Matt Christopher authored more than one hundred novels and three hundred short stories in his life. Born in Bath, Pennsylvania, Christopher was an outstanding athlete in his youth, but his interest in writing began around the age of 14. He would see his first story published at the age of 24 in a detective magazine. After graduating from high school, Christopher played professional baseball for the Smith Falls Beavers in Ontario before he was cut after he couldn't make contact. Christopher would return home to New York before a knee injury reduced his sporting endeavors entirely. He married Catherine "Cay" M. Krupa on July 13, 1940, and worked at the National Cash Register in Ithaca, New York until he retired in 1963. Upon retiring, Christopher took up his passion for writing after having had 15 books already published. Unfortunately for readers, Christopher died September 20, 1997 in Charlotte, North Carolina after complications arose in surgery for a non-malignant brain tumor at the age of 80. He won the annual Milner Award as "the author whose books are most liked by the children of Atlanta, Georgia". When asked why he wrote sports books for children, Christopher answered, "Sports have made it possible for me to meet many new people with all sorts of life stories, on and off the field, and these are grist for this writer's mill."

In reading Body Check, I felt a little out of my element with some of the explanations of terms that Matt Christopher works into the story. While I get that not all youth readers may know what a power-play is, I struggled when Christopher continually used the term "flip shot" when he really meant "wrist shot". It literally tripped me up a couple of times as I read through, so just be prepared that if you award this book to your younger player you may have to explain a term of two that isn't in the parlance of hockey.

That being said, the story contained within the covers of Body Check is one that most parents and players will struggle with or have struggled with as young players get older. While the Badgers seemingly haven't had a big season with a lot of wins recently, Brent is fairly content with the job that Coach Maxwell is doing as the Badgers' head coach. He has seen his older brother, Lee, become one of the best players at his high school, and he learned under Coach Maxwell. However, a new addition to the team in the form of Vic Seabrook and his father and former player, Mr. Seabrook, have a different attitude towards winning that Brent doesn't like.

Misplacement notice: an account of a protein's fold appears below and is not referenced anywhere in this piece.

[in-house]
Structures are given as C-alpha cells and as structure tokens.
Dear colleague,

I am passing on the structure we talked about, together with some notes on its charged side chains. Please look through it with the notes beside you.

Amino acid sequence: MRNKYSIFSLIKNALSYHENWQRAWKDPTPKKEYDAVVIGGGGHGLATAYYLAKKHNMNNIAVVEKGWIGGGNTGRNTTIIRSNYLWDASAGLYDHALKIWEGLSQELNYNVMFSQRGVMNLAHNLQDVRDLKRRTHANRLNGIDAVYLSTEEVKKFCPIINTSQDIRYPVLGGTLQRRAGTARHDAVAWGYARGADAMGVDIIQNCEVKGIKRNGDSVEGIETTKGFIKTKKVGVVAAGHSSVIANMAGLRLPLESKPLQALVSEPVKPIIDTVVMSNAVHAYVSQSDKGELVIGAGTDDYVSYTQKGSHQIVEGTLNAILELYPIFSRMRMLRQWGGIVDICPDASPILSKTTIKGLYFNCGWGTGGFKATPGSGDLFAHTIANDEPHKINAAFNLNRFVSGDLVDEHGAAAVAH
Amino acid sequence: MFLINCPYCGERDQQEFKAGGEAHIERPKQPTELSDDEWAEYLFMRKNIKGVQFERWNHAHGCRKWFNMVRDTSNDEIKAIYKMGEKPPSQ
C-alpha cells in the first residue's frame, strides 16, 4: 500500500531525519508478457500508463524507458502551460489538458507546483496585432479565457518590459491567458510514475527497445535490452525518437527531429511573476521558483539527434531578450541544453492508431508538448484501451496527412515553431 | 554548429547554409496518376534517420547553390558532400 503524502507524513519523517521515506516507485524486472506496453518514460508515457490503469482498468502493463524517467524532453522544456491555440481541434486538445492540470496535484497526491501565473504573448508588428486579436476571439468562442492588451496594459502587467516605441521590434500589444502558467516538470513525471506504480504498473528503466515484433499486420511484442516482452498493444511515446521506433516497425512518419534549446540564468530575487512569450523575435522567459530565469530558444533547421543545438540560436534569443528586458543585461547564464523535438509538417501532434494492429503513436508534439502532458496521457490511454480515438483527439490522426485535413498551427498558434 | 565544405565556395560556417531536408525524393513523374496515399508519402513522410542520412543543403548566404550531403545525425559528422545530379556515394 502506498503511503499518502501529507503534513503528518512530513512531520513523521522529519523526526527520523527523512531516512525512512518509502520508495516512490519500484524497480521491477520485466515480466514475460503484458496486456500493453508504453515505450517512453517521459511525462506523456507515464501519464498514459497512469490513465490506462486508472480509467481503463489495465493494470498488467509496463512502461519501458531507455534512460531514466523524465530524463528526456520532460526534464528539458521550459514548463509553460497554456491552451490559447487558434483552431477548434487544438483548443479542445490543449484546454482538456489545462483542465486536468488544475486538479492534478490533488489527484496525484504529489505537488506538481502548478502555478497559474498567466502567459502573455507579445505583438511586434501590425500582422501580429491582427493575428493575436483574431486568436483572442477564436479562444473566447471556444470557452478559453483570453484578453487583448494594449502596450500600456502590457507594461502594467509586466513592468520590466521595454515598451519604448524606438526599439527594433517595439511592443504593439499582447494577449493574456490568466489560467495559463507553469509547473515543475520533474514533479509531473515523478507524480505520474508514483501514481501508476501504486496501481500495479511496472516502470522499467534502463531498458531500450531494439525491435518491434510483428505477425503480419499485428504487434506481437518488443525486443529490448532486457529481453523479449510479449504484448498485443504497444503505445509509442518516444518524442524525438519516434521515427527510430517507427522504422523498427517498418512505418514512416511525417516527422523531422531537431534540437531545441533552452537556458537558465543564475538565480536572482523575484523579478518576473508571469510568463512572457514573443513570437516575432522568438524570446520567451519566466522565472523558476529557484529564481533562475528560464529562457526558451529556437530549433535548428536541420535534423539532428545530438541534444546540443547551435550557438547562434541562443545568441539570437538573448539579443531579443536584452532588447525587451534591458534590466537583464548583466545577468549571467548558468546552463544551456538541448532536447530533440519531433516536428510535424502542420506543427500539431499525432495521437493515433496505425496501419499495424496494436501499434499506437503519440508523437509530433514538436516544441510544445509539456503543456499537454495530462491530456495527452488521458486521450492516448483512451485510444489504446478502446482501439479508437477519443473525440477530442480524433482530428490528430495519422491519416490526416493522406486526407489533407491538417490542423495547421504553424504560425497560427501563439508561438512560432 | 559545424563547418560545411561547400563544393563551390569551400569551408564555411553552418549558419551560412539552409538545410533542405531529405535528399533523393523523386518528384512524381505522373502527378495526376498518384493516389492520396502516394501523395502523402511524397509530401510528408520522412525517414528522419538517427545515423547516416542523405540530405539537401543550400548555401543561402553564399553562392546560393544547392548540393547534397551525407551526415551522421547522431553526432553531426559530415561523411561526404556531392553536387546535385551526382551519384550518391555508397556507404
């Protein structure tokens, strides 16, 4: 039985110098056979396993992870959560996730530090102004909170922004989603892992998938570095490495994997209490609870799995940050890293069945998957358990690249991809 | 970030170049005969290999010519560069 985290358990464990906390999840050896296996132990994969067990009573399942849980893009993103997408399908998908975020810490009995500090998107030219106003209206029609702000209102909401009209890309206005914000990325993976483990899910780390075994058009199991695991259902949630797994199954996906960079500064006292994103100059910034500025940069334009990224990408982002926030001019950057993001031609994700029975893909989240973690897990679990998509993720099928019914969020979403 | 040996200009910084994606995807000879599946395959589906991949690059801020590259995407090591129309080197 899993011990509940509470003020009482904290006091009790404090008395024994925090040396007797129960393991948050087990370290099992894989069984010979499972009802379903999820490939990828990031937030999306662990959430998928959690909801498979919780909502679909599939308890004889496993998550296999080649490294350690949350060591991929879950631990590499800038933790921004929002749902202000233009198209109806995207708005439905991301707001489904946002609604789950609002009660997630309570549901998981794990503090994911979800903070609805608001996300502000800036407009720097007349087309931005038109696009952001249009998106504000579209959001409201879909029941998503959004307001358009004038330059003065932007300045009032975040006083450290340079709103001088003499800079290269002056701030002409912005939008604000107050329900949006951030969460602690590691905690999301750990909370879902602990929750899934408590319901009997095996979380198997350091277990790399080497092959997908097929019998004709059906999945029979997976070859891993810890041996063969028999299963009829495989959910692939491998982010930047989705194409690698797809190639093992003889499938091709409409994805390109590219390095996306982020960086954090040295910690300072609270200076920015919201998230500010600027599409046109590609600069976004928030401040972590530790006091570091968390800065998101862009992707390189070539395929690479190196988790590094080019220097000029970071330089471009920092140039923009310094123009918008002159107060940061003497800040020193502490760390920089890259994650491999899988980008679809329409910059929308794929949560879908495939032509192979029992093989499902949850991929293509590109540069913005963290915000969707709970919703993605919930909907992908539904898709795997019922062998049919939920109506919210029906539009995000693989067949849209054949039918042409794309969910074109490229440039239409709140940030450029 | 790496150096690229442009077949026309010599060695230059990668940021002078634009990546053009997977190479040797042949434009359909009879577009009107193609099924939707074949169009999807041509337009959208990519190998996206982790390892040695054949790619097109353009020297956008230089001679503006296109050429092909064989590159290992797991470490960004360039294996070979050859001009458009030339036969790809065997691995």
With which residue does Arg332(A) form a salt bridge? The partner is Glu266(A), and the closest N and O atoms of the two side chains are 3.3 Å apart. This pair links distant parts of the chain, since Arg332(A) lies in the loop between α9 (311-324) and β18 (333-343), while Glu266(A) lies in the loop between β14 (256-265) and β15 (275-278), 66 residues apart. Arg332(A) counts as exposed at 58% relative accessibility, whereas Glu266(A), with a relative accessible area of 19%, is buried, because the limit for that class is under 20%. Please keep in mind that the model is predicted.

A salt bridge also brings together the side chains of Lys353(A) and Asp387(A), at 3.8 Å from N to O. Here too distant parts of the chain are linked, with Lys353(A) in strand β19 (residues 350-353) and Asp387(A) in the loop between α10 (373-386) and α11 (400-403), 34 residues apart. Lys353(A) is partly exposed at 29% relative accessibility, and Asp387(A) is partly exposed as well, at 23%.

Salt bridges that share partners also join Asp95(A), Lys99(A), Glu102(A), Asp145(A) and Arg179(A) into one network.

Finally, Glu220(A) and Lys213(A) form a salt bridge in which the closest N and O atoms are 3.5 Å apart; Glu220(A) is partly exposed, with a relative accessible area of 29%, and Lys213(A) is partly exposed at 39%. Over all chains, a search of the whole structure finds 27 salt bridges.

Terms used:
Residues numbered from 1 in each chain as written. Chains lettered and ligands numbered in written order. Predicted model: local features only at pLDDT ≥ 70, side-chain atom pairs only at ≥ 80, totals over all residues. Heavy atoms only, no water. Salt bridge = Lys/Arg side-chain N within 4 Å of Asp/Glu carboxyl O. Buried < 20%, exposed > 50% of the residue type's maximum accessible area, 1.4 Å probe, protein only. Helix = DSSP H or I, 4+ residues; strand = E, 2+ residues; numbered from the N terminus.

Brent and the Badgers had been using speed and skill to win games under Coach Maxwell, but it seemed that Coach Seabrook wanted players to resort to doing anything possible to win, and that included playing dirty. Brent found himself at a crossroads as he knew that type of play wasn't right nor did he want to play that way, but he also questioned whether or not Coach Seabrook's methods accomplished more.
The kind of hockey that Coach Seabrook was teaching went against everything he believed - and not only about sports but life in general. Rules were there to be followed. He was certain of that.

But then a scary thought came to him.

Could it be that Coach Seabrook was right? That what made some players winners and others losers was that winners knew when to cheat and get away with it? Maybe that was what it was all about, and Coach Maxwell had it wrong. Maybe Lee was wrong too... after all, Lee might be a few years older than Brent, but he was basically still a kid himself.

Brent wished he could be sure.

And he wondered, too, if the way Coach Seabrook taught hockey was the way it was supposed to be played. If so, could he play that way?

Did he even want to?
And that's the struggle that Brent goes through in the book. Despite Mr. Seabrook's insistence that this is how hockey is played and that "sometimes accidents happen", Brent and several of the Badgers players struggle with this new outlook while Brent's best friend, Cam, embraces the "winning" mentality. With a game coming up against the undefeated Cyclones, will this new style of play hurt the Badgers? Will they be able to defeat the Cyclones? Will Brent finish the season as a Badger? All of these questions are answered in Body Check!

There are some strong lessons in Body Check that shouldn't be overlooked. The importance of learning important fundamentals and playing the game the right way as opposed to cheating and intimidation of an opponent is the main theme, but questions of right vs. wrong will enter the story at times, friendships will be tested, and apologies will be given and accepted through the 137-page novel. Mr. Christopher does a great job in bringing these tough moral questions to the forefront in his writing, and they are lessons that every parent should have with their young player at some point. Because of these lessons, Body Check will get the Teebz's Book Club Seal of Approval!

Find Body Check at your local bookstore or library in the young readers section, and let your young all-star work through the entire series of Matt Christopher books!